A triangular glass or plastic block is called a prism. In the arrangement shown in figure 4, the white light is refracted 'downwards' at both surfaces. This magnifies the effect called dispersion - the fact that different colours actually refract by slightly different angles. The refraction of light depends on the frequency of the light. As white light is made of many frequencies of light, the prism splits the light. We see the familiar traditional 7 colours of the spectrum: Red, orange, yellow, green, blue, indigo and violet. Note that the violet coloured light is refracted more than the red colour.


dispersion of light at a prism

Figure 4. Dispersion in a prism


Required Practical: Describe an experiment to show refraction of light by transparent blocks of different shapes

For this topic, a standard practical you will need to describe involves investigating refraction using rectangular glass blocks, triangular prisms and semi-circular glass blocks. The theory of these is covered above, but you should know how to carry out this investigation. Typically, you will need:

Learn the outcome of these experiments as described in the section above. A typical question will ask you to measure angles from a diagram, or sketch where the light ray is expected to emerge, as shown in figure 1, shown again here.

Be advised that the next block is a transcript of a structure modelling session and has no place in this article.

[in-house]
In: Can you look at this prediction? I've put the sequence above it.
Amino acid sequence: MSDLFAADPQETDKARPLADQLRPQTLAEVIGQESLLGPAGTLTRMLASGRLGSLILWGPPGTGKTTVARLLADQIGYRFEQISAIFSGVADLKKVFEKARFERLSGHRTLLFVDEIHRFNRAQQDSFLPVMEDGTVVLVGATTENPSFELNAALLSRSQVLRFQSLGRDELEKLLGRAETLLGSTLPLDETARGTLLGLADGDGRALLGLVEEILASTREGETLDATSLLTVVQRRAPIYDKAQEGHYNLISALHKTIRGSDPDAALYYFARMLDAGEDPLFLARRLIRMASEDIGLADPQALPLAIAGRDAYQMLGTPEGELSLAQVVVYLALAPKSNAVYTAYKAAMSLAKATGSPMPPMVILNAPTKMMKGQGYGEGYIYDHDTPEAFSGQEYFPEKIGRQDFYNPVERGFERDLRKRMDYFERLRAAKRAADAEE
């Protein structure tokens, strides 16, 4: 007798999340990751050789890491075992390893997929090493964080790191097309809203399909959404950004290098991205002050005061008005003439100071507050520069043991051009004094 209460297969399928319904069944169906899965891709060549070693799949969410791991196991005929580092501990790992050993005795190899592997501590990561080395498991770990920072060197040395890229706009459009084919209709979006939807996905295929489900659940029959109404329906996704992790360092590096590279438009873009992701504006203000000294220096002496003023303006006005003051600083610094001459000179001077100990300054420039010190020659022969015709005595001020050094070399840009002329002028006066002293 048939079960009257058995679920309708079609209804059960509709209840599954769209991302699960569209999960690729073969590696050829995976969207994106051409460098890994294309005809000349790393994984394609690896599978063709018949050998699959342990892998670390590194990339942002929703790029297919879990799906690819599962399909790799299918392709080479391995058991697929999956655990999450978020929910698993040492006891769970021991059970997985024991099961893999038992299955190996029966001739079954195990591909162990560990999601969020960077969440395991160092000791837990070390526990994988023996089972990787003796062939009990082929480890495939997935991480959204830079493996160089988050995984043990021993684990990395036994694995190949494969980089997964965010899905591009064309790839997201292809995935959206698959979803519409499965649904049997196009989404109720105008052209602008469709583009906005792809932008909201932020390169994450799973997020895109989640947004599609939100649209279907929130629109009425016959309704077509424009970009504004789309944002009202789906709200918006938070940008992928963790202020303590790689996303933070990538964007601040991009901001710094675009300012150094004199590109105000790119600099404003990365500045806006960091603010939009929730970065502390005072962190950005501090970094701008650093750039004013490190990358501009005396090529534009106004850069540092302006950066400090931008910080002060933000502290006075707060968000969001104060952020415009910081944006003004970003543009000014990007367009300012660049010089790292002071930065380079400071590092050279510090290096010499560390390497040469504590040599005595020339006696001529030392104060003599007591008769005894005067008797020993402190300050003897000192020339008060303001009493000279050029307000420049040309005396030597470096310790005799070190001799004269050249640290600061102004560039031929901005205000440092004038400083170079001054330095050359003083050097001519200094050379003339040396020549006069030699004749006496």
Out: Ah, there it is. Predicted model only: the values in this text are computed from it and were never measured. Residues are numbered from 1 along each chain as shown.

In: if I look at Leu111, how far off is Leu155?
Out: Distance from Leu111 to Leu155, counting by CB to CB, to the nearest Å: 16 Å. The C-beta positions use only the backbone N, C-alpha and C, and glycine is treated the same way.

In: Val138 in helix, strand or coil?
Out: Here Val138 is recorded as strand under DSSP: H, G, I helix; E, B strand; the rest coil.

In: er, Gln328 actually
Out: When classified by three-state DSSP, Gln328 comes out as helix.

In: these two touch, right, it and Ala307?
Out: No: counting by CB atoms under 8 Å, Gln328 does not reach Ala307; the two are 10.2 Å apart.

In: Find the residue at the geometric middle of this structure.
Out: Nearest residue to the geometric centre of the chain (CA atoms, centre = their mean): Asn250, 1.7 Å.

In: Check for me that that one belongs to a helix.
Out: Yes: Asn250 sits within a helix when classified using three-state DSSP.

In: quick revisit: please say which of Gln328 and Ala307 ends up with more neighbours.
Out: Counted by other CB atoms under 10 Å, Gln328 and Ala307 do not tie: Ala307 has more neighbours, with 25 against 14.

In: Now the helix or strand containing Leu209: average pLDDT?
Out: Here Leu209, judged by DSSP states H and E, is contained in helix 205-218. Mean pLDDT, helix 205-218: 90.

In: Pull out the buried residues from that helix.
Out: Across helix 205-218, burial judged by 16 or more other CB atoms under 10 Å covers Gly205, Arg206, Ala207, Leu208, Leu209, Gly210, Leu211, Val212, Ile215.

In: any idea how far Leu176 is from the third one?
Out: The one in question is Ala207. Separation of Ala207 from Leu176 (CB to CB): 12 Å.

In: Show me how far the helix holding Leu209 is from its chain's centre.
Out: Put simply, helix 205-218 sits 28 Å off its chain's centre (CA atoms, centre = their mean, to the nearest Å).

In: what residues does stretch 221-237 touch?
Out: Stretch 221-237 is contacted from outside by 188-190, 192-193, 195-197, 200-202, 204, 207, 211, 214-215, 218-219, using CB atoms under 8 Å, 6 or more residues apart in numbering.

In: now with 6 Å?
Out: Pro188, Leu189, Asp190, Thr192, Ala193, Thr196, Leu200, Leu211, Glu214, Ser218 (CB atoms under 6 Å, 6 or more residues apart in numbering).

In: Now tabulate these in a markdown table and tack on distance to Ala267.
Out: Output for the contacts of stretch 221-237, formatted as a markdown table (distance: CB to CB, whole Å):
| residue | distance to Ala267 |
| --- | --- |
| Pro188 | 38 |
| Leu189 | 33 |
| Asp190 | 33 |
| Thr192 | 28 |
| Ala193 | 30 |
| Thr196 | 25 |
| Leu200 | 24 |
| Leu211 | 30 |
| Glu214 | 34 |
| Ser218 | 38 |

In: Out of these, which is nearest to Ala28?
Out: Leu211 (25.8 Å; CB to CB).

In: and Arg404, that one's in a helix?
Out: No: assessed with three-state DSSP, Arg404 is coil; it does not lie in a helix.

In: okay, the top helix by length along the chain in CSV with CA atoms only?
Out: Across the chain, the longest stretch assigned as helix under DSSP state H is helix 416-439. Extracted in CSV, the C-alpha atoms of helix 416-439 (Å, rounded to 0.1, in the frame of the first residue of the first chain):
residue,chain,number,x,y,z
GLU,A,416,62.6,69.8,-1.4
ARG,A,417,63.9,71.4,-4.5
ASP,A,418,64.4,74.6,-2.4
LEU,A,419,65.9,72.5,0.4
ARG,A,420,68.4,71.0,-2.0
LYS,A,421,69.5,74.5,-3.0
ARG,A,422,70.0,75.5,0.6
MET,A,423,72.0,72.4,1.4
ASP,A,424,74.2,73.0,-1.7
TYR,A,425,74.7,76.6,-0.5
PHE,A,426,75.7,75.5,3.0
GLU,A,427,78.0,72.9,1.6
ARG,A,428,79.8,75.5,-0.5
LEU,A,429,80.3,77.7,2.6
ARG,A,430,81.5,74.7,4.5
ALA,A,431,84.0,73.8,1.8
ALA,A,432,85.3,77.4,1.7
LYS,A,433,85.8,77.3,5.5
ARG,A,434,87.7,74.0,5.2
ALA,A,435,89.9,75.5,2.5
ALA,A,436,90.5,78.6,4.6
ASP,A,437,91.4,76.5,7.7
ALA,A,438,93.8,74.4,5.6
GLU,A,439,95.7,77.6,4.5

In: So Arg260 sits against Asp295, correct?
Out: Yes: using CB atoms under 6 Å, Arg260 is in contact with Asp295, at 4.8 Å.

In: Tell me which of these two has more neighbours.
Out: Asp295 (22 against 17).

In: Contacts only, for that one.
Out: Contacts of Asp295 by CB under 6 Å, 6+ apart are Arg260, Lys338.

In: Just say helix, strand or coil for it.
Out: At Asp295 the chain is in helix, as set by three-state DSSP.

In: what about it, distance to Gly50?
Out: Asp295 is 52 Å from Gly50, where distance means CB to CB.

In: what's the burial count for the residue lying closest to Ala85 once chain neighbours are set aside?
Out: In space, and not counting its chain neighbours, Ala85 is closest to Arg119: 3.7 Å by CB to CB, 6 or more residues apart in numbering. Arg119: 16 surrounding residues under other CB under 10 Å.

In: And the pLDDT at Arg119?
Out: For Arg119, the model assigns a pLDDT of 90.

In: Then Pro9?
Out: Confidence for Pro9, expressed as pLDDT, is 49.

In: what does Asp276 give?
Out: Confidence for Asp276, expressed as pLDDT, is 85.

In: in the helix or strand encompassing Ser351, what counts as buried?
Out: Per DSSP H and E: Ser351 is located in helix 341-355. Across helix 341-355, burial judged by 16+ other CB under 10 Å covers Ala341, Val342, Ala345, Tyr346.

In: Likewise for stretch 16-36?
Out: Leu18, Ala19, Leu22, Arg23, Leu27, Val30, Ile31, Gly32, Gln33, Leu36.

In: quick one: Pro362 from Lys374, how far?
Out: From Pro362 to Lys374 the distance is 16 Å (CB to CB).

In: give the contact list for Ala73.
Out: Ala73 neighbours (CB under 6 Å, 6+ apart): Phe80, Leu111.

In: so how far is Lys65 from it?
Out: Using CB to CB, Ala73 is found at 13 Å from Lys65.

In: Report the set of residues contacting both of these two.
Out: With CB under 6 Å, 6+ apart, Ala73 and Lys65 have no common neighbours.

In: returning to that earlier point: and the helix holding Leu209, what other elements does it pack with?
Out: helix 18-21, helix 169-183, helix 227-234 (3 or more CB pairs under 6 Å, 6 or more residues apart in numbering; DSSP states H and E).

refraction of light through a glass block



1. A fish is swimming in a shallow lake. The sun shines on the fish, and then light reflected from the fish moves upwards. One ray is shown in the following diagram:

refraction of light from a fish under water

a) The normal line should be perpendicular to the water surface. It is usually drawn as a dotted line, but as long as it is labelled N, that is fine.

b) The refracted line labelled R bends away from the normal line, so it is shifted towards the horizontal.

c) The reflected line labelled L should be (approximately) the same angle to the normal line as the incident ray already given.

Example solution:

fish refraction question solution diagram


Refractive Index (n)

The diagrams above show how light rays are bent by glass and other dense, transparent materials like plastic and water. However it becomes immediately apparent that glass bends light more than water. Scientists say it is 'optically' dense, and measure how much the light is refracted using a measurement called the refractive index.

The diagram below shows some results from a refraction experiment using a glass block. The angles of incidence and refraction are - as always - measured from the normal line.

Figure 5. Measuring refraction angles


It is hard to spot a pattern in these results. The angle of refraction is always smaller than the angle of incidence, but there does not seem to be an obvious pattern.

The 'law' that governs refraction is called 'Snell's Law', and shows that it is trigonometry that helps us find the pattern - by taking the sine of both angles: